It's not democracy. Yes, complaints against the government are grumbled and protection of property is demanded. Yes, thoughtful people grasp the abstract yet critical link between efficient allocation of resources and political structure which must, one day, exist. However, few are clamoring for representative, Jeffersonian government. (Reform will be triggered from within the existing power structure, not a new generation that releases frustration on the Internet.) Chinese respect the hierarchical framework constructed across millennia and re-interpreted, but not quite reconstructed, in accord with the imperatives of a global economy.

The Chinese, consistent with Confucian imperatives, expect a benign government to pragmatically protect the peoples' interests and, at the same time, project empathy for the plight of the disadvantaged. China's Standing Committee knows, in 2009, a harmonious society will be maintained with equal doses of economic stimulus and humanity, preferably heartfelt.

The Party, for the time being, is managing affairs reasonably well. (An added cushion: the majority of Chinese blame the financial crisis on Western policy makers, not Communist mandarins.) Tax rates have been lowered, commercial loan regulations have been loosened and infrastructure projects, designed to reduce the burden of the poor, have been initiated. Labor and land transfer laws are being reformed to protect, respectively, part-time employees and peasants. Growth will lurch, but not nose-dive.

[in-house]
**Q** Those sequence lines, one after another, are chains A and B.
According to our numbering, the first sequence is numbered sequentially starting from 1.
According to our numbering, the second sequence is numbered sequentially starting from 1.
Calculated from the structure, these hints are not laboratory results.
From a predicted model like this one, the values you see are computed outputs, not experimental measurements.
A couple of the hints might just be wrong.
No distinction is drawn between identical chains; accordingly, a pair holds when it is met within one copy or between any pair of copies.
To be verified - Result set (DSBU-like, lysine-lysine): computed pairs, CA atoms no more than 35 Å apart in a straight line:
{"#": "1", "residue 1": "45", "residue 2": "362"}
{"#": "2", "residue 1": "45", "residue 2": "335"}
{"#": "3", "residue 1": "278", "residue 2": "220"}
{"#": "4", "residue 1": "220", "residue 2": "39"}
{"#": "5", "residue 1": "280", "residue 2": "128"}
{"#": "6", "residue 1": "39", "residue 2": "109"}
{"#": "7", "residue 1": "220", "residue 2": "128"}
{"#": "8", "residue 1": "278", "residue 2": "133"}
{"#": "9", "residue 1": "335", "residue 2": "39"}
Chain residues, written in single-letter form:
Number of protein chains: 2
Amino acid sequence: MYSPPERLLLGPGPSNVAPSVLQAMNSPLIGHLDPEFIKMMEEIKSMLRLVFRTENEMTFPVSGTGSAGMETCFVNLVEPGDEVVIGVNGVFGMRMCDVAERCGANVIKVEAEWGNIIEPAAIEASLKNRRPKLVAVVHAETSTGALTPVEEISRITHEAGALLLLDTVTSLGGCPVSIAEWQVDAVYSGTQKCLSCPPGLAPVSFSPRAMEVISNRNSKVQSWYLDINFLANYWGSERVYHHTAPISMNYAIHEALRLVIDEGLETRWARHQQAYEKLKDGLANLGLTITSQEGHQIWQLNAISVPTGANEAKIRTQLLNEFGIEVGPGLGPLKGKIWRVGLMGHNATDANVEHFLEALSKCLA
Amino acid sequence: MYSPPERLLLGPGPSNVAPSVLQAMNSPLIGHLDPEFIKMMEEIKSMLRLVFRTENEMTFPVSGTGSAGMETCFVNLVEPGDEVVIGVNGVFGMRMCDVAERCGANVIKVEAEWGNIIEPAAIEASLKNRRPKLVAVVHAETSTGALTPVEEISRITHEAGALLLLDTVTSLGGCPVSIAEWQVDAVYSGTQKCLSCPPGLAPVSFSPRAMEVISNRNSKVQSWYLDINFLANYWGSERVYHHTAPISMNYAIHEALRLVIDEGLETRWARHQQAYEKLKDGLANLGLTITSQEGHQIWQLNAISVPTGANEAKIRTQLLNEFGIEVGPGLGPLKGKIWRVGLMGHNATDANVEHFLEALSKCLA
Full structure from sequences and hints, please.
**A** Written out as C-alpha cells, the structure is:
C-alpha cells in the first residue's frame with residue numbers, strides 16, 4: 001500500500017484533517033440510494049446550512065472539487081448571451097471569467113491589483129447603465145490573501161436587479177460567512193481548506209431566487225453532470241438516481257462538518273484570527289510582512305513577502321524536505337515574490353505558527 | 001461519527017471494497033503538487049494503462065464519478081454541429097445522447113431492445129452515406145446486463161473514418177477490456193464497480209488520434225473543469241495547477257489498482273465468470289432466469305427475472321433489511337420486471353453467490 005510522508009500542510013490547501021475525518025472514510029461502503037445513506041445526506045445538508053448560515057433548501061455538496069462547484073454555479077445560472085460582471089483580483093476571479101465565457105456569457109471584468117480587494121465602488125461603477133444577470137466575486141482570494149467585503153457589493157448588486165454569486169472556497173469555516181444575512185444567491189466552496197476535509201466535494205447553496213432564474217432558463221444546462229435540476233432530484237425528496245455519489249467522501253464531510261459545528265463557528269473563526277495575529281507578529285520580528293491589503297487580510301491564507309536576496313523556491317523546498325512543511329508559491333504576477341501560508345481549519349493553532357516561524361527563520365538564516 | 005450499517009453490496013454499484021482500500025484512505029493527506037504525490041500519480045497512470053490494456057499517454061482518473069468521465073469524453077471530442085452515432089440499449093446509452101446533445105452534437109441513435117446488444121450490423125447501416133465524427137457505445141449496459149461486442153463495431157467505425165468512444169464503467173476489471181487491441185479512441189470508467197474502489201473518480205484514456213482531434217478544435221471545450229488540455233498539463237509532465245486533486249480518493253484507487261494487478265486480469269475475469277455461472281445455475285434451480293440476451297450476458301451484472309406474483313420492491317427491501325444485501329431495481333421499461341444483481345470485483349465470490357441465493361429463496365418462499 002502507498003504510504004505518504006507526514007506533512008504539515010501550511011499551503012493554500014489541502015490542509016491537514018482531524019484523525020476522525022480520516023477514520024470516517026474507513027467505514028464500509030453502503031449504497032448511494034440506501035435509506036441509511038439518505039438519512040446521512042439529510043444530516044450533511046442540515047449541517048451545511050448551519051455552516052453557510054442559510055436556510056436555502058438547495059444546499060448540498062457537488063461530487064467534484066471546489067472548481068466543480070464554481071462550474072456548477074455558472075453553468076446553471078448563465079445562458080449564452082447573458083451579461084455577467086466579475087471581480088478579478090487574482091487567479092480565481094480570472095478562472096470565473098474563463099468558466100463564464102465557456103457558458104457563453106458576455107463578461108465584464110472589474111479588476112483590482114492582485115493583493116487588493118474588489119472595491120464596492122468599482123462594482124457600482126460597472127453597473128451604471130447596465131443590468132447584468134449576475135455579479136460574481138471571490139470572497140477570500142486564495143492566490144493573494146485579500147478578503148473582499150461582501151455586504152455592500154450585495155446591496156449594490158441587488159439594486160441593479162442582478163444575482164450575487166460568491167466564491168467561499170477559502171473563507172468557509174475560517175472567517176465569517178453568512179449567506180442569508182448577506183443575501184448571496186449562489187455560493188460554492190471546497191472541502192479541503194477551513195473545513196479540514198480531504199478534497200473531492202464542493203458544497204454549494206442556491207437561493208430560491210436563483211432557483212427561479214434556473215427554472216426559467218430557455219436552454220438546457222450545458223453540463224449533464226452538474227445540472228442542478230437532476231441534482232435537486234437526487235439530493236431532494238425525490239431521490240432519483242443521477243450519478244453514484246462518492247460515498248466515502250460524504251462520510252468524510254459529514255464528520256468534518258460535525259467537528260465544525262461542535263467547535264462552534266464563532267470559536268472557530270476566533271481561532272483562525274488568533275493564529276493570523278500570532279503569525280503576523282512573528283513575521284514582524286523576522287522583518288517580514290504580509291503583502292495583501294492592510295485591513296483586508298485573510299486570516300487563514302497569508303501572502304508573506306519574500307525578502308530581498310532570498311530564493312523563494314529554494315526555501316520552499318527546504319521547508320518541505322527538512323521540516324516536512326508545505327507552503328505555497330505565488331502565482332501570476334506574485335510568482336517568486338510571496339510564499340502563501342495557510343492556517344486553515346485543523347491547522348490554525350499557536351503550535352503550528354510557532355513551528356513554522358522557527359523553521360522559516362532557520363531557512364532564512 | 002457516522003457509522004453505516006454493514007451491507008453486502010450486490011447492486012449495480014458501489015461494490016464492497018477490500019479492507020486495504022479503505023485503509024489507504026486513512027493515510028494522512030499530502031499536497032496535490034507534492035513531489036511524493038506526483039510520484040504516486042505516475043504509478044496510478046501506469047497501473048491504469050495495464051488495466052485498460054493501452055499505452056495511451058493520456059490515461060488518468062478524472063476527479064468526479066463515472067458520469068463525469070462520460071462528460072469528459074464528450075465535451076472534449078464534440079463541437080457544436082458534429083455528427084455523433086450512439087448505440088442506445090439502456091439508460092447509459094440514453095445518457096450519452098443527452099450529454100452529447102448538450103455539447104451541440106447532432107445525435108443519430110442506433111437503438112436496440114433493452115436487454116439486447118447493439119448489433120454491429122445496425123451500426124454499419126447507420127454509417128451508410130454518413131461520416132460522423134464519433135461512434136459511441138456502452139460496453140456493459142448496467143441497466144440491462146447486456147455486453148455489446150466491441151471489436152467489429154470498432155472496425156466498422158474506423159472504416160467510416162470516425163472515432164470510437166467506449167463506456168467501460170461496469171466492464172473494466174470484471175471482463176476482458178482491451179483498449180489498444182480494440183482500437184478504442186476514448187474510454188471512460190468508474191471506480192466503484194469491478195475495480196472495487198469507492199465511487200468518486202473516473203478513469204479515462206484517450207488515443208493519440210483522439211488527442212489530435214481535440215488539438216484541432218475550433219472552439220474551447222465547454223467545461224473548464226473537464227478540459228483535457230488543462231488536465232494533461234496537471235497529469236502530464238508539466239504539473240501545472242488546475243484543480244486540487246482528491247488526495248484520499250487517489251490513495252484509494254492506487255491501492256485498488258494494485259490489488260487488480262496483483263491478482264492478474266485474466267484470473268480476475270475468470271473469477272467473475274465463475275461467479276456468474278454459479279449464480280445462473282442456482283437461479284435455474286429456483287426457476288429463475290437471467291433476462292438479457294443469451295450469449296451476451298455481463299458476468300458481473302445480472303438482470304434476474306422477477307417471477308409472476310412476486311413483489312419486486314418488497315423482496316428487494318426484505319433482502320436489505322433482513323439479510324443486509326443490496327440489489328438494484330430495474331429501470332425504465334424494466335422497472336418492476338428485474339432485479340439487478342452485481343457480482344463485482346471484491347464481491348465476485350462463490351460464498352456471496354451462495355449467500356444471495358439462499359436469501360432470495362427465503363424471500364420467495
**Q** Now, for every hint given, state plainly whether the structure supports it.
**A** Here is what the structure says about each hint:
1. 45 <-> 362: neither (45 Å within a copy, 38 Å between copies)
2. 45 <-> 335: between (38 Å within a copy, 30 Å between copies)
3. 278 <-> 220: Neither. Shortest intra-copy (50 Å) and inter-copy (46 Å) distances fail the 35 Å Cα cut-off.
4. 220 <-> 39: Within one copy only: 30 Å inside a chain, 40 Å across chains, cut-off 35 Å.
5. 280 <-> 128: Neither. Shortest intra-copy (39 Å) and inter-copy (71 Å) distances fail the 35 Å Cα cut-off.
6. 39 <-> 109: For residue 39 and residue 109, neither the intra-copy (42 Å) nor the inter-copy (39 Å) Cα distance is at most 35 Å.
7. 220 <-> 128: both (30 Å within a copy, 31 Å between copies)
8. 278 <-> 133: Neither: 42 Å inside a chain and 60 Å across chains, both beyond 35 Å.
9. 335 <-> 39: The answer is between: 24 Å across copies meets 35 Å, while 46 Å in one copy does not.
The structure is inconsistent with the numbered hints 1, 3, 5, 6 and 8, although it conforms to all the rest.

To boot, propaganda organs are skillful in broadcasting officials' competence. Media coverage of the recent economic stimulus package has been meticulously choreographed. Editors maintain a quintessentially Chinese balance of "realistic optimism," one that remains hard-nosed, chock-a-block with the macro-economic analysis and the nuts and bolts of policy, yet recitative in calls for unity. Drops in industrial production and exports have been covered in a forthright manner. Bad news is accompanied by proposals to keep economic growth "relatively" fast and unemployment under control.

Importantly, "fourth generation" leadership has developed a "patriarchic common touch." During last winter's ice storms, leaders made a bee line to southern railway stations where thousands were stranded. For the first time in memory, they apologized for chaos, literally reaching out to touch migrant workers separated from families during Chinese New Year. The day after the earthquake, Prime Minister Wen Jiabao was televised in Wenchuan, hugging survivors. While no similar gesture of compassion has been recorded during recent economic turmoil, surely one is coming. (Newspapers have reported "public concern" over job security and the pay gap between rural and urban salaries.)

Down the Road: Some Question Marks

So far, then, the government is getting it right. The public is braced for unfamiliar challenges. The Party is (credibly) positioned as the protector of the people. Over the longer-term, however, continued stability will require a deeper reservoir of confidence. It will require a comprehensive safety net and welfare system, a new generation alternative to the Iron Rice Bowl. This, the mother of all structural challenges, will demand the courageous leadership inherent in political reform. Time will tell if today's crisis will catalyze a pragmatical yet cautious Politburo to accept that order is not incompatible with an independent judiciary and enforceable checks and balances.